Hell, no. You can be as cynical or as punk or as tattooed as you want, just as plenty of “cooked food vegans” are. In fact, I would appreciate it. I don’t like people confusing dietary & ethical issues by mixing in their own personal brand of spirituality. While that’s all well & good on a personal level, it hampers communication. The hippy stereotype is less common to general veganism these days, but it still seems to dominate the “raw” image. It makes it confusing & off-putting for others… & I thought the point of good health & improved ethics was to share them with as many people as possible! Less vague talk from spiritual-type folks about higher vibrations & the magic of enzymes in raw food could actually turn out to be a good thing…! While that has it’s place in the world, I don’t think that place should be part of promoting raw food. Some of us are staunch atheists &/or cynics who require something a bit more solid! Sticking to facts & peer-reviewed research, etc, when communicating about the benefits of raw veganism is far more convincing & palatable to a broader audience.
What are some good reasons not to be 100% raw then?
- Understanding the raw diet can take some time & research. If you don’t have much spare time, then a vegan diet based in cooked food will be far, far easier & still comes with many huge health improvements. No matter how “natural” it seems, these days the raw diet is somewhat specialised: few people are experts on it, & the community at large is less informed &, consequently, less supportive. Most people have grown up in a cooked food-based culture, so we need to reeducate ourselves before diving in, particularly if we plan on bringing others along for the ride! Thankfully loads of great raw books & research began coming out over the last several years, but wading through & assimilating the information does take time.
- If you travel in the developing world where hygiene & water conditions are less than ideal, you might want to keep cooked food as a part of your diet so you don’t upset your digestion by making heaps of changes when you do travel. Again, the resources around these days makes travelling as a vegan easy, but raw food can be challenging in many places.
- If you have an existing chronic condition, such as IBD, IBS, colitis, or Crohns, you might want to eat more raw food to soothe your condition, but eating a lot of fruit will not be ideal. Some cooked food might be a better balance while you work on your health. If you encounter problems eating raw food with any of these conditions, it may be that your intestines are working more slowly with certain foods, giving them chance to ferment in your gut. It’s best to read up (try the book Self Healing Colitis and Crohns by David Klein) or ask a raw food physician/pro for advice about these conditions.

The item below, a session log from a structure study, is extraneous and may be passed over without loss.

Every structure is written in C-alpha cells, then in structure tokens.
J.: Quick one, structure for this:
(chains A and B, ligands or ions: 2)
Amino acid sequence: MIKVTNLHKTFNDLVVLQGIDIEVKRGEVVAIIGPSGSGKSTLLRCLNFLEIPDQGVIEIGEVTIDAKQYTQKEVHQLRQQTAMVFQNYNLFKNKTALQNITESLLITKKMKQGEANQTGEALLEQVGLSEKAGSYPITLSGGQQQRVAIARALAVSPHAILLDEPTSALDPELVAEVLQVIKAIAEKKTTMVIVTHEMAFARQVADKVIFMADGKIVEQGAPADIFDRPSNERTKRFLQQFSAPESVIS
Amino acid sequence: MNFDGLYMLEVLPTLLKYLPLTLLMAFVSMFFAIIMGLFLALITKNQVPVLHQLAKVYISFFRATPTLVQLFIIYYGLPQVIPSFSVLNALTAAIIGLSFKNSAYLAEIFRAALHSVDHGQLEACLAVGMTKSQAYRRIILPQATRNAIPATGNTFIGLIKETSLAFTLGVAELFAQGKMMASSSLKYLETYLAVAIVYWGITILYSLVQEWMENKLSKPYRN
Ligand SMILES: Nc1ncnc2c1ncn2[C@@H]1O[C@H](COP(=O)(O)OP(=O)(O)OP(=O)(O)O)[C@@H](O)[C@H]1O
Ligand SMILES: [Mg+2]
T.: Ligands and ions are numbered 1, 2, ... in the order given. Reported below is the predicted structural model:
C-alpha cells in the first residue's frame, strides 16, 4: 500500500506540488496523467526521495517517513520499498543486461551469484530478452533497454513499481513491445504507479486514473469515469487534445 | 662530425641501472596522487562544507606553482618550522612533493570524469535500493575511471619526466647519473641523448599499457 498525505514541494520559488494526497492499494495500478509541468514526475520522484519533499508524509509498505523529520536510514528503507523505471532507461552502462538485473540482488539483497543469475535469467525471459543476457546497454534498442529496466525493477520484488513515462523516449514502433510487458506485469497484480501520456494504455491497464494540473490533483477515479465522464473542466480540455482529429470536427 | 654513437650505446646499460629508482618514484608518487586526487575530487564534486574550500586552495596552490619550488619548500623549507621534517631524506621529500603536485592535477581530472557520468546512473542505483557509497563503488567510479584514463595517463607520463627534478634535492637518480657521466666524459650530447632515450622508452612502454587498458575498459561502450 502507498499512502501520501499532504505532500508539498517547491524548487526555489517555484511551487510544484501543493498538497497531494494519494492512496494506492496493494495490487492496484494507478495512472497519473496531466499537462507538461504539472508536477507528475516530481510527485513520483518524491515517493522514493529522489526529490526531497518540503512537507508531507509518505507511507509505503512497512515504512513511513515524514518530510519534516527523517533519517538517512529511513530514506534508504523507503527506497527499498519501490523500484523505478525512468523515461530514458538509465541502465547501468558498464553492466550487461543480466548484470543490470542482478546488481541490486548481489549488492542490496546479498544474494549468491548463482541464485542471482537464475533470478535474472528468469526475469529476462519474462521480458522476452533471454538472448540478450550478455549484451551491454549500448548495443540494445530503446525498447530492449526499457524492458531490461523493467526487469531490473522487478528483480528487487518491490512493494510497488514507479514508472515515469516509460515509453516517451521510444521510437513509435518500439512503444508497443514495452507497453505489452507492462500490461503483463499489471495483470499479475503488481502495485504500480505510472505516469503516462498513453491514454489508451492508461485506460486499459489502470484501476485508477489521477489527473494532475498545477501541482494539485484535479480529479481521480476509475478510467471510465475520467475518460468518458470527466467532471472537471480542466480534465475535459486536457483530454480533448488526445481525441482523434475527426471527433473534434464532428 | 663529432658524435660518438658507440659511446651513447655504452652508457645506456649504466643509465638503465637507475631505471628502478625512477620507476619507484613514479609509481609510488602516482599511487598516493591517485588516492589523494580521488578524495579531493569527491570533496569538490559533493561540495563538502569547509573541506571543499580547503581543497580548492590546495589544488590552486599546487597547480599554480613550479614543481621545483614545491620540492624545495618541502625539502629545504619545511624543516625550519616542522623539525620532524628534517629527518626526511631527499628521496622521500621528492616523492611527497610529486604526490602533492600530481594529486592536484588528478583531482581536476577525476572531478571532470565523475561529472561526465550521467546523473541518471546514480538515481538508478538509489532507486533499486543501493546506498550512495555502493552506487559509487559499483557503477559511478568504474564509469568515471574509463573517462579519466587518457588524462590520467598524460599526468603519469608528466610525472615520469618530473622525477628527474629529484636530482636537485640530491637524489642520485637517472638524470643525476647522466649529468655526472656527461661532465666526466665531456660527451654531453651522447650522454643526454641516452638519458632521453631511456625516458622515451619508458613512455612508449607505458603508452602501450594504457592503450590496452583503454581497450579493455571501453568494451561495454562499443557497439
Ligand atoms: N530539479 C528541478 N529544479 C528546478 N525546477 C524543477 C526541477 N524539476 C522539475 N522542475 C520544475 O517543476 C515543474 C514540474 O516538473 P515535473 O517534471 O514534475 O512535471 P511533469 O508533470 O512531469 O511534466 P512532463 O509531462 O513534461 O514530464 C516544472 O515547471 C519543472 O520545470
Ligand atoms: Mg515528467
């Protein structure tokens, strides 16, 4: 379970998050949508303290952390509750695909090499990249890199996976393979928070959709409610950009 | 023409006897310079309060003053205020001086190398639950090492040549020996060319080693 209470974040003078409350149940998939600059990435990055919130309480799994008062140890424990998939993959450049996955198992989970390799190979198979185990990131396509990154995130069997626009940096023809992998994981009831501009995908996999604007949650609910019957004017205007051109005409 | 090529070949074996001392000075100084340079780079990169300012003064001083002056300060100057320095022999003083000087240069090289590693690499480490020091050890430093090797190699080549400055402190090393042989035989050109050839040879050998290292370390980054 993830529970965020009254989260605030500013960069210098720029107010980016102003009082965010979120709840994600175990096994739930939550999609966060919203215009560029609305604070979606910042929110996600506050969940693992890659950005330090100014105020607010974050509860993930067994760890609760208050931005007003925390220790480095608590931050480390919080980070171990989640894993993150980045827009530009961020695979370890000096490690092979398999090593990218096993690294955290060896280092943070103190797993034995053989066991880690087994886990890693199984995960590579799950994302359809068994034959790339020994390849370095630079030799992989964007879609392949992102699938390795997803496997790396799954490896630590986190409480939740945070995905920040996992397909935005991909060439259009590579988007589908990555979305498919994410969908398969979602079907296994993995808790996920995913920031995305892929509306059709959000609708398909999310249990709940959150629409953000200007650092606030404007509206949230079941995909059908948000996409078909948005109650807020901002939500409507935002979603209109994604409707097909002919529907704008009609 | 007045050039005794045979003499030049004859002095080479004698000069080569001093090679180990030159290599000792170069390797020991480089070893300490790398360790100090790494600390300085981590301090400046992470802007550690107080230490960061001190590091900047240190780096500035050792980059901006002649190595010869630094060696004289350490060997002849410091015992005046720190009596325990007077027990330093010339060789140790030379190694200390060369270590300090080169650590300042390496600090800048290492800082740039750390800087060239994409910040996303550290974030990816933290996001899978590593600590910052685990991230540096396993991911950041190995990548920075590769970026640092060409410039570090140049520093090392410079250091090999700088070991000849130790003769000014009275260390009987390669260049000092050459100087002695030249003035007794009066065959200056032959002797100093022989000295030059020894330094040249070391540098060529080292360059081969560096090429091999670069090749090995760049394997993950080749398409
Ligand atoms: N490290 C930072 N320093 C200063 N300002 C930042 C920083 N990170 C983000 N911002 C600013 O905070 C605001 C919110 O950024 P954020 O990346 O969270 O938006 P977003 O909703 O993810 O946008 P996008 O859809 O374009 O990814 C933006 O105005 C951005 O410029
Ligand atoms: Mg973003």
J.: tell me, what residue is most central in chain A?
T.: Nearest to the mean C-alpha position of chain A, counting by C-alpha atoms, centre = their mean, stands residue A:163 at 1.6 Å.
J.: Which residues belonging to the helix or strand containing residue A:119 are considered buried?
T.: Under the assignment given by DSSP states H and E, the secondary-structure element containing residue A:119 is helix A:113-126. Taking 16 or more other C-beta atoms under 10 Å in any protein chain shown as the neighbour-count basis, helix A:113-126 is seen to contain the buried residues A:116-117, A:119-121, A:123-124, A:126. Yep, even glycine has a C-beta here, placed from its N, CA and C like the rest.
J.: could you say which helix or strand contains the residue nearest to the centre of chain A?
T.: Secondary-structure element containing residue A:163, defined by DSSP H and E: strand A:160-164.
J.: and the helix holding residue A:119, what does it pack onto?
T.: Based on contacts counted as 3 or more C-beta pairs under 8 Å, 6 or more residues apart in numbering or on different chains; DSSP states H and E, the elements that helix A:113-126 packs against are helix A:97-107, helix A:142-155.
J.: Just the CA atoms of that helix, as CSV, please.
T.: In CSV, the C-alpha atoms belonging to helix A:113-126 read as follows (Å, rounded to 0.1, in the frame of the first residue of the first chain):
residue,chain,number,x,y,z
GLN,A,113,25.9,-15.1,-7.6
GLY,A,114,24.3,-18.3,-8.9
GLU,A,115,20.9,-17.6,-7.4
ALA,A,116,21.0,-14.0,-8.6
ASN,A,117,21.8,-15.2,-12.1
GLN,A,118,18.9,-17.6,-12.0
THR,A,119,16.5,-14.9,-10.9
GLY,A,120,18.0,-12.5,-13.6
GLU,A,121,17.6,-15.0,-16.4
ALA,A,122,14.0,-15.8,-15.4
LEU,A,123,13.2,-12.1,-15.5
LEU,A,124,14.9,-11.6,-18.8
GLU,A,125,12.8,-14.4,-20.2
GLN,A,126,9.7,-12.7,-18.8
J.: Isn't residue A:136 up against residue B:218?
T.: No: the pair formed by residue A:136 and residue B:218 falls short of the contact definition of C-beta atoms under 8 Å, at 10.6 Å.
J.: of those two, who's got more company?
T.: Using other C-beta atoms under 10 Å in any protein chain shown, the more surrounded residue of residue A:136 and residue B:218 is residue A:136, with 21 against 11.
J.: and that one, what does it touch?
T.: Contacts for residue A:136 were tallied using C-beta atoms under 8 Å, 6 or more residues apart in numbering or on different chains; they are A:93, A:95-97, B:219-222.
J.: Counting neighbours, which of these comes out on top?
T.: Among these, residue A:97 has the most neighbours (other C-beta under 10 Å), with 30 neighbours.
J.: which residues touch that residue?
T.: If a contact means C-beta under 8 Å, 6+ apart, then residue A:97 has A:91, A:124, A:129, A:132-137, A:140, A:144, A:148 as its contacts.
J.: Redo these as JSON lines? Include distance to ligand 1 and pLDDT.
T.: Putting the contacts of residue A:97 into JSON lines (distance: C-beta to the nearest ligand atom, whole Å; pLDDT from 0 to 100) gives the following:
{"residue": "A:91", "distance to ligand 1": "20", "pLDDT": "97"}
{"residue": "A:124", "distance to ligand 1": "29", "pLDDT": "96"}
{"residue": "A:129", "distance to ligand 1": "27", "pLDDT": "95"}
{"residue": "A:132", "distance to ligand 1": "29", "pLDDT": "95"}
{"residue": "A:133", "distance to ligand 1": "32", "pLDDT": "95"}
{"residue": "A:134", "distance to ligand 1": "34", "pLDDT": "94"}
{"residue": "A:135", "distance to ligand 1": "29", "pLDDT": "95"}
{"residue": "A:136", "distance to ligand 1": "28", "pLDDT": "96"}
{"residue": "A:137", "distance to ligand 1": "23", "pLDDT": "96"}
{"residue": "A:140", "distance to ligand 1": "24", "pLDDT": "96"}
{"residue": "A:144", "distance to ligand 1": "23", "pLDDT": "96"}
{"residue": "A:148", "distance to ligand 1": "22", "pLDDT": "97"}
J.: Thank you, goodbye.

- All work & no play makes Jack a dull boy. All dietary health & no fitness/exercise or social/emotional health will make Jack a dull boy as well! A balanced outlook on life is important. Don’t be all about what you’re shovelling into your face 24/7 – although while you’re learning a new way of eating you might want to have a bit more emphasis on it! Some people find raw simple at 100%, some find it requires more thought – it depends on where you live, who you live with, & where you’re at in life on a personal level. There are other things in life to worry about besides nutrition, & there are certainly many more issues to consider just where consumption itself is concerned! Animal rights, human rights, & the health of the environment all come into play as well. Focusing on your own health obsessively at the expense of others (& often their sanity!) can also at the expense of your own health! Extending a little compassion into the world goes a lot further than just worrying about yourself. When the health of the environment or others suffers, then that affects your ability to live well, too. Remember animal industries are the most destructive, polluting, & unsustainable on earth – being vegan for the animals, for your health, & for the environment is vitally important. The chance to explore raw food & improve on all of that is just a bonus!
Isn’t it time-consuming &/or difficult?
Like anything, it can be if you choose to make it that way. But, if you want it to be quick & easy, it can be, & there are plenty examples around these days to show you. Raw veganism is quicker than cooked veganism by a long way. Similar to the boring/restrictive question: from vegetarian to vegan to raw – I’ve ended up spending far less time on food preparation.
Vegan food is usually quicker to prepare than non-vegan food because you don’t have to worry about cutting up/deboning/defatting animal flesh and cooking it properly, and raw food is quicker again because you don’t have to cook at all! It’s just prep and eat! The exception is the more gourmet raw foods requiring blenders, food processors, and juicers, which can take a bit longer. Up to 15-20 minutes, but usually closer to 5 minutes or less. A few times I’ve found myself standing in front of raw cuisine thinking “is that it? That can’t be it!” because it’s so quick to make.
The other exception is food made in dehydrators, which can take anything from a few hours to a few days… Of course, you don’t actually have to do anything other than put the food in the dehydrator, and from there it looks after itself, unless you want to be fancy and flip things over during the dehydration time. The only tricky thing about using a dehydrator is planning ahead a little… But seriously, just how tricky is that? Not very. Your brain is capable of thinking ahead occasionally – if you want to try dehydrated food, don’t be afraid to use a dehydrator… or your brain!